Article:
To analyze student essays, two members of our coding team identified words associated with four important conceptual categories addressed in the class: parts, processes, forces , and cancer . They coded 10 student essays and compared codes, adding additional terms to the conceptual categories as they were identified in student essays. Another coding team member tested the coding scheme by analyzing 30 essays (3 × 10 students) and verified that she had at least 85% interrater reliability, after which the entire coding team discussed the coding scheme until we agreed. Subsequently, all essays were uploaded into the NVivo program (QSR International, ­version 10), which was programmed to automatically identify and label all words classified as parts, processes, forces, and cancer. All essays were proofread to identify whether any words were mistakenly coded (e.g., “reaction” or “bonding” referencing an emotion rather than a chemical process), as well as to code any additional words that were not identified during automatic coding. If the classification of a word was not clear to the researcher proofreading the essays, she discussed the classification with the coding team. All code information was exported into Microsoft Excel. Once in Excel, all the students who did not complete 75% of all the writing assignments in treatment A or all three essays in treatment B were removed. The percentage of abstract (process and force) words per total essay word count was calculated for each essay, so length of essay did not affect the analyses. For treatments A and B, each student's difference in abstract words between essay one and essay three was also calculated. Because essays were graded on a completion rubric, we did not use essay grades to compare treatment effectiveness. We hypothesized that the students would use more abstract words per essay by the third essay; we therefore used one-tailed p -values for pairwise comparisons.

Peformance was measured using three sources of data: final exam scores, free-response exam question scores, and content analysis of WTC essays.

Final-exam scores.

The completers in treatment A ( n = 66) performed better on the final exam than the completers in either treatments B ( n = 133) or C ( n = 116; table 2 ). Within treatments A and B, the minority and FG students performed as well as their white counterparts, although the white students performed significantly better than the minority ( W (92) = 1348, p < .0485, one-tailed test) and FG students ( W (83) = 951, p < .0094, one-tailed test) in treatment C. The minority students performed better on the final exam in treatment A ( n = 13) than in treatment B ( n = 25; W = 219, p < .0423, one-tailed test), although the differences were borderline significant for the FG students in treatments A ( n = 19) and B ( n = 19; W = 237, p < .0523). The women performed equally well in treatments A ( n = 44) and B ( n = 71), whereas the men performed better in treatment A ( n = 22) than in treatment B ( n = 62; W = 1035, p < .0002, one-tailed test). The women ( n = 44) did not perform as well as their male ( n = 22) counterparts on the final exam in treatment A ( W = 337, p < .0227, one-tailed test), but the women ( n = 71) performed equally as well as the men ( n = 62) in treatment B.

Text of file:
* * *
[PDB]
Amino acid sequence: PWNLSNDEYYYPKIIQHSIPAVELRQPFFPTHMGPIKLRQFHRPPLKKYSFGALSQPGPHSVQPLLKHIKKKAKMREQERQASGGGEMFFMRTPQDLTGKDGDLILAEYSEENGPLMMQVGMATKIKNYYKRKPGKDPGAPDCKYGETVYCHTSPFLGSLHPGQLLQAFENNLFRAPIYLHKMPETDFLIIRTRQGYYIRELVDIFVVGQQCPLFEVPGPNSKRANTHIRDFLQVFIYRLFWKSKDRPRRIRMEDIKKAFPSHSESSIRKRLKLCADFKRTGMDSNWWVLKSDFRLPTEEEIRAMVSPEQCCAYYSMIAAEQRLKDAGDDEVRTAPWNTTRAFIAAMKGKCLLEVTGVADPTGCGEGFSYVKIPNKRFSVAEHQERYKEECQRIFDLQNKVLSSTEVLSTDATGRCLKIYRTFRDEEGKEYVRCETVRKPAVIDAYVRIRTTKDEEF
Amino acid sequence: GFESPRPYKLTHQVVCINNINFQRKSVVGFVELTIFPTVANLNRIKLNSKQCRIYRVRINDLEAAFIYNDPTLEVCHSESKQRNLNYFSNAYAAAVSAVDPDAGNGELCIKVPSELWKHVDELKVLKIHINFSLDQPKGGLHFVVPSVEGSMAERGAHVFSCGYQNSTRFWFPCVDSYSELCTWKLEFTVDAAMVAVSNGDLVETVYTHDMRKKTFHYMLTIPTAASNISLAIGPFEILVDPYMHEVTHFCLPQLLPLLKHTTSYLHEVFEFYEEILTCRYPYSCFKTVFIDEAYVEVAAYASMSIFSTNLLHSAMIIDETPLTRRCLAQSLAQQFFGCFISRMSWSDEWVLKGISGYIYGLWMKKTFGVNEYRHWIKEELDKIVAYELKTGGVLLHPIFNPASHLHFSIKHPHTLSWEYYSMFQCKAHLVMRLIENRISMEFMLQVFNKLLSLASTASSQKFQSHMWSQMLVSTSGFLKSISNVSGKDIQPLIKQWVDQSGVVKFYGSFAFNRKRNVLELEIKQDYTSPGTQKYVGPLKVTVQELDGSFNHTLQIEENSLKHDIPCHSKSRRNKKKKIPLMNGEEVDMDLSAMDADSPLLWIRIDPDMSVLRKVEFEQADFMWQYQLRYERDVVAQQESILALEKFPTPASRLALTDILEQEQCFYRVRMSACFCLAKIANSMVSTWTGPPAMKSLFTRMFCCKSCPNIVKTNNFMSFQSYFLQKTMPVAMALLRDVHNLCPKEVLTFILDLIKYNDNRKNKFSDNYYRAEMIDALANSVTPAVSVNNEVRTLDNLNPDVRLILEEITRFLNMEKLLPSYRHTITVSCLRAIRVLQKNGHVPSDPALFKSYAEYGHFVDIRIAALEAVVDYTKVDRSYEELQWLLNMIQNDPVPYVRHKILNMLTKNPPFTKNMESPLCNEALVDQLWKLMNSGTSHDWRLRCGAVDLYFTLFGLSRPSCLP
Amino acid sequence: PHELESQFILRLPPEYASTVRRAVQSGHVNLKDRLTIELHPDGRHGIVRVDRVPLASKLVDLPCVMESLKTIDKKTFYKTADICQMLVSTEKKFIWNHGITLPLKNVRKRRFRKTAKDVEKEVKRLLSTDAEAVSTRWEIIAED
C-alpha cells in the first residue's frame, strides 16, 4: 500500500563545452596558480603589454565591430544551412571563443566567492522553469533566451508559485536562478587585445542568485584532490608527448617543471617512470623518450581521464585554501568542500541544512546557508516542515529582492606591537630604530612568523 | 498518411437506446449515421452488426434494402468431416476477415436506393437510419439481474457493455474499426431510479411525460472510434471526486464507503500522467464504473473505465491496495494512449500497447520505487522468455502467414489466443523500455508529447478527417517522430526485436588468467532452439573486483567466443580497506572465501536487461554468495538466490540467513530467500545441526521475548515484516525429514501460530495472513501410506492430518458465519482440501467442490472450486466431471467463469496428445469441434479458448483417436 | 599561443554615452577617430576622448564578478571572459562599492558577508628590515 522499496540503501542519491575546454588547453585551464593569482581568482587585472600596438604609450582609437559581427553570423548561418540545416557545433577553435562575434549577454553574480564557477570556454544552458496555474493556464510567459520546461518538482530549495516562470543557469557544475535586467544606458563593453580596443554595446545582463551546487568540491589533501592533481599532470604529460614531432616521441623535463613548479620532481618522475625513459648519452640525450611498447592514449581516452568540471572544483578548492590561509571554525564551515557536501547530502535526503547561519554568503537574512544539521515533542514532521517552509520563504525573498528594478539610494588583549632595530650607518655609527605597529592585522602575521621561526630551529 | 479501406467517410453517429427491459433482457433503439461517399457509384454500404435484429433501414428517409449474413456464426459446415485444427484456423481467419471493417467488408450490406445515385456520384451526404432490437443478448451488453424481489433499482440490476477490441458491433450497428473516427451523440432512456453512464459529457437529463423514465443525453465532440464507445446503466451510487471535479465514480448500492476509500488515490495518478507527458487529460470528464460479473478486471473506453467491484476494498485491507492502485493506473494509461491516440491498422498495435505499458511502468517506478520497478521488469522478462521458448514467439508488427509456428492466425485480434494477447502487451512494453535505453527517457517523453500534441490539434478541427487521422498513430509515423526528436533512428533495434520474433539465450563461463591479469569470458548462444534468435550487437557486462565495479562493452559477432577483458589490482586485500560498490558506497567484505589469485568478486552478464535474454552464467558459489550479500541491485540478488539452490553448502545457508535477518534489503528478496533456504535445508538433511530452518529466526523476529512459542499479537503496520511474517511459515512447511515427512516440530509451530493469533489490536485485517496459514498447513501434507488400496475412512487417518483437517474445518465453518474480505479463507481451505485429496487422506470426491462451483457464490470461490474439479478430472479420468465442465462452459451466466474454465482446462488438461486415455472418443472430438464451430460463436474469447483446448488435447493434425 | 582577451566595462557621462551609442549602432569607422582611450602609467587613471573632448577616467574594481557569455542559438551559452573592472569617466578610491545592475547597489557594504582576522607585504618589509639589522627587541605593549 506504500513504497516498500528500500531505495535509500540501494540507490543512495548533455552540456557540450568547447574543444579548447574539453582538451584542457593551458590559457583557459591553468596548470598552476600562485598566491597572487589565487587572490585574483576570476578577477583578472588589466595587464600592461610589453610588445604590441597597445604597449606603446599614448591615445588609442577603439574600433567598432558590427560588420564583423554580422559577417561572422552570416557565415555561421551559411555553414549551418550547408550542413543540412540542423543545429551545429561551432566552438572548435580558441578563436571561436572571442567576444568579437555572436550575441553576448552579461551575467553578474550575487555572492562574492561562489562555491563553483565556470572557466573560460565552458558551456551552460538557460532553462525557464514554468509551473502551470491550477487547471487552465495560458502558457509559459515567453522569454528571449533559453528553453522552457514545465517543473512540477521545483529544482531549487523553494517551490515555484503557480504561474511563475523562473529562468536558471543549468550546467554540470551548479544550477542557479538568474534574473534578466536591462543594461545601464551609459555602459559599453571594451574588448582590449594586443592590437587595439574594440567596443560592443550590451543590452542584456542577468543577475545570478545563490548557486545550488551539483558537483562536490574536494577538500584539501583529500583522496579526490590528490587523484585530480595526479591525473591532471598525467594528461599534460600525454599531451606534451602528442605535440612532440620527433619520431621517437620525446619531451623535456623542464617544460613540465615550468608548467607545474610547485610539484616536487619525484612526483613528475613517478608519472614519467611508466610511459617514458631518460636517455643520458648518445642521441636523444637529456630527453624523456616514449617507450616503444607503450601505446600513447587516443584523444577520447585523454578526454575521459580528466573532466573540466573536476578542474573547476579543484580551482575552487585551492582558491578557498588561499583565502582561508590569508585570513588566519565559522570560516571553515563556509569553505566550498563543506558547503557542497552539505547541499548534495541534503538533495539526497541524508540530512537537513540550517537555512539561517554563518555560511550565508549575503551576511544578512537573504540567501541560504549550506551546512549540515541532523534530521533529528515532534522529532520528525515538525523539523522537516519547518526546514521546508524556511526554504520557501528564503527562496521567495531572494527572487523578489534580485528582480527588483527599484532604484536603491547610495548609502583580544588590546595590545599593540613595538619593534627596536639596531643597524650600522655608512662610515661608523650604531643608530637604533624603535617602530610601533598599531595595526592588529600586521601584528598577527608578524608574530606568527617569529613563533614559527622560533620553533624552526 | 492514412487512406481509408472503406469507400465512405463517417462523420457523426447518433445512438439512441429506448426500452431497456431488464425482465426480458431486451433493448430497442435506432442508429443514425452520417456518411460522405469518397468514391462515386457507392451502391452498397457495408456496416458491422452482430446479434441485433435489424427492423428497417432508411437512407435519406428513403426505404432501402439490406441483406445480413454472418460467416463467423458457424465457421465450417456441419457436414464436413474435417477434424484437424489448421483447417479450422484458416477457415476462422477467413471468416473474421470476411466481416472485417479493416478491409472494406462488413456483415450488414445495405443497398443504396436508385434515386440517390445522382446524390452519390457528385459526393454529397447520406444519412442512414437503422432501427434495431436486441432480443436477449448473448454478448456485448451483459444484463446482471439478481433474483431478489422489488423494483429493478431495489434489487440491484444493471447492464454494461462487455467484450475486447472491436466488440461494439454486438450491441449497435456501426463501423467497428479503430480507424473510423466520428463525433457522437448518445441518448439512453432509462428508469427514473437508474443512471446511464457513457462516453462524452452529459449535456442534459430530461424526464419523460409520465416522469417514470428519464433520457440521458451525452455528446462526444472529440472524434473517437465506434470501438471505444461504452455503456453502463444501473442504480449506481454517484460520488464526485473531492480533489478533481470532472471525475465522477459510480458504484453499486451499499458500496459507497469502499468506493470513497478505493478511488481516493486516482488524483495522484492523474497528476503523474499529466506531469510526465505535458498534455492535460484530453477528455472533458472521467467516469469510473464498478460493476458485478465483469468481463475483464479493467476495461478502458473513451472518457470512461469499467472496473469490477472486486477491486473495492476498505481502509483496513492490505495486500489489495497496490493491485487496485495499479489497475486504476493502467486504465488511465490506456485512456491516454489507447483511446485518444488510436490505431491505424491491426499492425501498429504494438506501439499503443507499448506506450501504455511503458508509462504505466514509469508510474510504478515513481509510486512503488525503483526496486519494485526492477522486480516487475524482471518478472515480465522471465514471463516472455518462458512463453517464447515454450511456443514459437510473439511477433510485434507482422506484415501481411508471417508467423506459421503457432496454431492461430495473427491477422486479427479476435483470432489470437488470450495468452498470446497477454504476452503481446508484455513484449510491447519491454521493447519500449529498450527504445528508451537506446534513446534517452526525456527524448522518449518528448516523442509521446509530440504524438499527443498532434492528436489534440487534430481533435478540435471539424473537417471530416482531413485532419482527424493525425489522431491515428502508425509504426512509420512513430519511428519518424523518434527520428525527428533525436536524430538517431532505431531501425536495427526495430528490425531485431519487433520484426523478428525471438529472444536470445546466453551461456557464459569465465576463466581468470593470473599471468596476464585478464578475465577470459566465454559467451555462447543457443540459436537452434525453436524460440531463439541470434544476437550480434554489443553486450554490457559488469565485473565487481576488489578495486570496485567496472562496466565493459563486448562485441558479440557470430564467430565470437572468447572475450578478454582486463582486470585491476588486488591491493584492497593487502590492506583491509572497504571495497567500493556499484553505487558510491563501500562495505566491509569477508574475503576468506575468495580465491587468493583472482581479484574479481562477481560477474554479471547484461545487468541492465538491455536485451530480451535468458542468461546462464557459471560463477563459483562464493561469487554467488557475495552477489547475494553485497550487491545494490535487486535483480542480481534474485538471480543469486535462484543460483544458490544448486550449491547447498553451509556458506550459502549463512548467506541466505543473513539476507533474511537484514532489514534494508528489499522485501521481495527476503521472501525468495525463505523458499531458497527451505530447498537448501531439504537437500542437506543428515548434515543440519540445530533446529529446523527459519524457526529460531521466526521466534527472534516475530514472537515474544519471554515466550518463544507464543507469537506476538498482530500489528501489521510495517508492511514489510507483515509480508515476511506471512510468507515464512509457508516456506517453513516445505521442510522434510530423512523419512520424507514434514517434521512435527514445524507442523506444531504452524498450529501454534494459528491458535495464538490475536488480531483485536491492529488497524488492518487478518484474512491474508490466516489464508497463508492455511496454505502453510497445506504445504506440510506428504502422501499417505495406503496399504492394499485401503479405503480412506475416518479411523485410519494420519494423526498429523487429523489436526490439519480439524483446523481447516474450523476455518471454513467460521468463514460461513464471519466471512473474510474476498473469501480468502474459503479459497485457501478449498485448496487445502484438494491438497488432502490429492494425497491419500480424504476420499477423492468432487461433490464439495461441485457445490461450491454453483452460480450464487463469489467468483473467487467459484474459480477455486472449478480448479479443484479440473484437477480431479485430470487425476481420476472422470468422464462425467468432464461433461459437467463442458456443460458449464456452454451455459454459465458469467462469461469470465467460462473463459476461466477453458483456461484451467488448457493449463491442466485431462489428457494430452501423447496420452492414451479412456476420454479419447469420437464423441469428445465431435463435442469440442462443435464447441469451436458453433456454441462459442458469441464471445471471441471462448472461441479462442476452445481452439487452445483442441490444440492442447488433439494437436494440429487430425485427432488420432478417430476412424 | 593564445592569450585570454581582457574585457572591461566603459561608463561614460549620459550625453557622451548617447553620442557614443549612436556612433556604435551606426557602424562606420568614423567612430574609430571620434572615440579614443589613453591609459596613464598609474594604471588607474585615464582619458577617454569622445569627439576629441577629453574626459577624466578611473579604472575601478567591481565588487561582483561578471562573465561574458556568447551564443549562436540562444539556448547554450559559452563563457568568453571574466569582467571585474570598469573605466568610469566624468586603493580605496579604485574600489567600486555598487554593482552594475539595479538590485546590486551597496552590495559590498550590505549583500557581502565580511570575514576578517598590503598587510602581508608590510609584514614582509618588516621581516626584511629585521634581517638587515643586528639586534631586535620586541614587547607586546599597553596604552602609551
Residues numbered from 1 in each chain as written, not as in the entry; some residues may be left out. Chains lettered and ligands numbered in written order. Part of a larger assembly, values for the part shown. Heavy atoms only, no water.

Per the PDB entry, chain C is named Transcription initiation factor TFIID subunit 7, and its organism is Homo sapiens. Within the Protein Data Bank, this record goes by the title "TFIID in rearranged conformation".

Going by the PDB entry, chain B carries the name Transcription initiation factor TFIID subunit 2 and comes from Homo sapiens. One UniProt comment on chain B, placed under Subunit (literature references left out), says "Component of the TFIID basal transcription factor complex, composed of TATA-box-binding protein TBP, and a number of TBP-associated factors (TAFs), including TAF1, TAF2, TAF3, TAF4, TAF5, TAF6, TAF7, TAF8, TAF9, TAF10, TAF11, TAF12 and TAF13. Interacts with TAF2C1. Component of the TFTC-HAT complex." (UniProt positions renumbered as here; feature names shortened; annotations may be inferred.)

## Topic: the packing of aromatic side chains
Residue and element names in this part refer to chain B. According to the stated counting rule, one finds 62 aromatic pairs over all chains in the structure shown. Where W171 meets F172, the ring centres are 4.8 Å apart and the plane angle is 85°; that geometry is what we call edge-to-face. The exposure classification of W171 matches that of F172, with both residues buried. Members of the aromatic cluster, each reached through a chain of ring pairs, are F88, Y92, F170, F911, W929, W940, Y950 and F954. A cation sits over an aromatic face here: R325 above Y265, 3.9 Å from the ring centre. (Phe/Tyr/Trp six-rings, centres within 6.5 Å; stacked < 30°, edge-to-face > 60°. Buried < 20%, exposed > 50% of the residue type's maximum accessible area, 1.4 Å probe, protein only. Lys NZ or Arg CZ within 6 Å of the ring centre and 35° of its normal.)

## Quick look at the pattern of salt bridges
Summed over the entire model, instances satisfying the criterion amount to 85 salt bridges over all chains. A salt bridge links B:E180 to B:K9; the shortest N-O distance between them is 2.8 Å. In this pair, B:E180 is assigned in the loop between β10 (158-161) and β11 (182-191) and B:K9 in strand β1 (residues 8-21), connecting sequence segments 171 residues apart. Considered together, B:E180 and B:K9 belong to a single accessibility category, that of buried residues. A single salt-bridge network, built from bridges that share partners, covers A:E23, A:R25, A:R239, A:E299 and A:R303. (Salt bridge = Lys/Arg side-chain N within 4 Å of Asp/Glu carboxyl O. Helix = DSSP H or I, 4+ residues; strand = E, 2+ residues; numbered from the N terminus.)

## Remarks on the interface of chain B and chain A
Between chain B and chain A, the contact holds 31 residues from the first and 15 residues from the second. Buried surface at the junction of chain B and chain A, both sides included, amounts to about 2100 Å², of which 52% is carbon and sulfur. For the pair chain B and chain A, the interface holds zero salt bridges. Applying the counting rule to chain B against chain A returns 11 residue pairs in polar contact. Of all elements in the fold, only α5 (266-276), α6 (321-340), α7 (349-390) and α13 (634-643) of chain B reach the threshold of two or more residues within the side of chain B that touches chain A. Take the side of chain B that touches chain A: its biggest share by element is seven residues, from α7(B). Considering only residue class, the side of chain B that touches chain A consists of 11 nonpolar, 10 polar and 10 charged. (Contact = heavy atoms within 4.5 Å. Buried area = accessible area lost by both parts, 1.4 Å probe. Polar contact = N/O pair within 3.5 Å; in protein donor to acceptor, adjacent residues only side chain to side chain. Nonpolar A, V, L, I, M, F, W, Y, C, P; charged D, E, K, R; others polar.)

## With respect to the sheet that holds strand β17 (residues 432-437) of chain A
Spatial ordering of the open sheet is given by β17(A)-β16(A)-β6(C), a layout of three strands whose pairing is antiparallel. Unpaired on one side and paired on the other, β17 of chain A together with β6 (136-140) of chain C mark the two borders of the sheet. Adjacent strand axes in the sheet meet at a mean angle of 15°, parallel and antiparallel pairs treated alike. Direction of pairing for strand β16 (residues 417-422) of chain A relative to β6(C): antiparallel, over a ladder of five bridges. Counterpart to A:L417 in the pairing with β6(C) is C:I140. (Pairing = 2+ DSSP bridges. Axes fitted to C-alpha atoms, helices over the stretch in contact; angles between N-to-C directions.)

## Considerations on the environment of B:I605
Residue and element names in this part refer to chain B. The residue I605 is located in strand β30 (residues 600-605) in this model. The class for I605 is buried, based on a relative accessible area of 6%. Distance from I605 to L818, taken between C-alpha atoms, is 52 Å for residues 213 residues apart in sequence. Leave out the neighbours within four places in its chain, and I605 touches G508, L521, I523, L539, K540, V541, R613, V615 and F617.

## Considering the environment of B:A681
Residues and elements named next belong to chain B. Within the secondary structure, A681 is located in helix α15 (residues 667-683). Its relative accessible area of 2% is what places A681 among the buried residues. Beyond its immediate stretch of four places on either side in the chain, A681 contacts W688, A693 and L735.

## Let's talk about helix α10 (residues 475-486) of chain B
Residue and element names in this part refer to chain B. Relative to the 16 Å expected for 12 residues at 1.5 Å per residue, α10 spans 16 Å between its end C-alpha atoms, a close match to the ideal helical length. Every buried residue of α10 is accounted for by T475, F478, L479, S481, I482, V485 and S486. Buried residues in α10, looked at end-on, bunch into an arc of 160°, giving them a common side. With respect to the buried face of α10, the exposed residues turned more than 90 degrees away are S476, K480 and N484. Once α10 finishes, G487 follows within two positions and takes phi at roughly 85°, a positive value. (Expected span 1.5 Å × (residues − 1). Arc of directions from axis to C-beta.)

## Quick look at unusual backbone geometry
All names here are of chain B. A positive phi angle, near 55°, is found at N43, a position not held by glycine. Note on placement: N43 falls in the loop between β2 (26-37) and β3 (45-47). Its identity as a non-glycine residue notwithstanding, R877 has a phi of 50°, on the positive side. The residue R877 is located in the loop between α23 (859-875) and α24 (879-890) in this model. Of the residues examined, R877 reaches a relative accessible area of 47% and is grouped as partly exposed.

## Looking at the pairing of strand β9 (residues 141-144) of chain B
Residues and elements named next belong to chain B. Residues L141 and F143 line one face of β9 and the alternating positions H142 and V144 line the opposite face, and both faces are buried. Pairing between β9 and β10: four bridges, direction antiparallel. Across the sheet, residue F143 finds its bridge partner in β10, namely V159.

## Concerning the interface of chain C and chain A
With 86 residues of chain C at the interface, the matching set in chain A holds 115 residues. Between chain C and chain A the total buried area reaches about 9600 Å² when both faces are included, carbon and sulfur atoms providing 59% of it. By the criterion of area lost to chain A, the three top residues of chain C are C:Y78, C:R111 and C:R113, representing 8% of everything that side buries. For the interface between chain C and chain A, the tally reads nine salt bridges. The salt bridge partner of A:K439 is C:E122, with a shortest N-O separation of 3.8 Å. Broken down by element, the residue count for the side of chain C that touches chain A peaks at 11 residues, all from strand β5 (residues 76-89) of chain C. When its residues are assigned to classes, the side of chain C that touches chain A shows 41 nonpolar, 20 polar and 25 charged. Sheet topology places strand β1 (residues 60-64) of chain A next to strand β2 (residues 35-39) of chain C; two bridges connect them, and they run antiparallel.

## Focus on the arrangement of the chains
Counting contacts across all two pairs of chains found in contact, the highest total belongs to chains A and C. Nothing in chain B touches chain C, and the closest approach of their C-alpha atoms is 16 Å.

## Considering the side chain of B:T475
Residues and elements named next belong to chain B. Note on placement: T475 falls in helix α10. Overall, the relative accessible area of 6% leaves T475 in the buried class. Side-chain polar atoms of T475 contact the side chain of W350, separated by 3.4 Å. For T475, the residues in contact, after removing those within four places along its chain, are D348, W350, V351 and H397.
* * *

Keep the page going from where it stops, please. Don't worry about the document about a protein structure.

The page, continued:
Descriptive statistics and Kruskal-Wallis and Wilcox rank sum test comparisons of students’ final exam scores across treatments A, B, and C. Because final-exam scores were not normally distributed, nonparametric tests were performed.

Free-response exam question scores

To better measure the effect of WTL, the student exam scores in treatments A and B were compared ( table 3a – 3d ). Collectively, the students’ ( n = 66) performance on free-response exam questions increased from the first to the last exam in treatment A ( W = 5552, p < .0012, one-tailed test). In contrast, the students’ performance on free-response exam questions decreased from the first to the last exam in treatment B. This difference was statistically significant for all the students ( table 3a – 3d ). We also analyzed the data by demographic data (minority, FG, and gender) and found that for the minority students, there were no statistically significant differences, which may be due to a lack of power because of small sample sizes. The FG students performed significantly better in treatment A than in treatment B ( table 3a – 3d ). There was no significant difference for the women across treatments, but there was a statistically significant difference for the men ( table 3a – 3d ).

Descriptive statistics and pairwise comparisons for differences in free-response exam scores from the first to last exam between treatments A (WTC + 3 WTL) and B (3 WTL) for all students.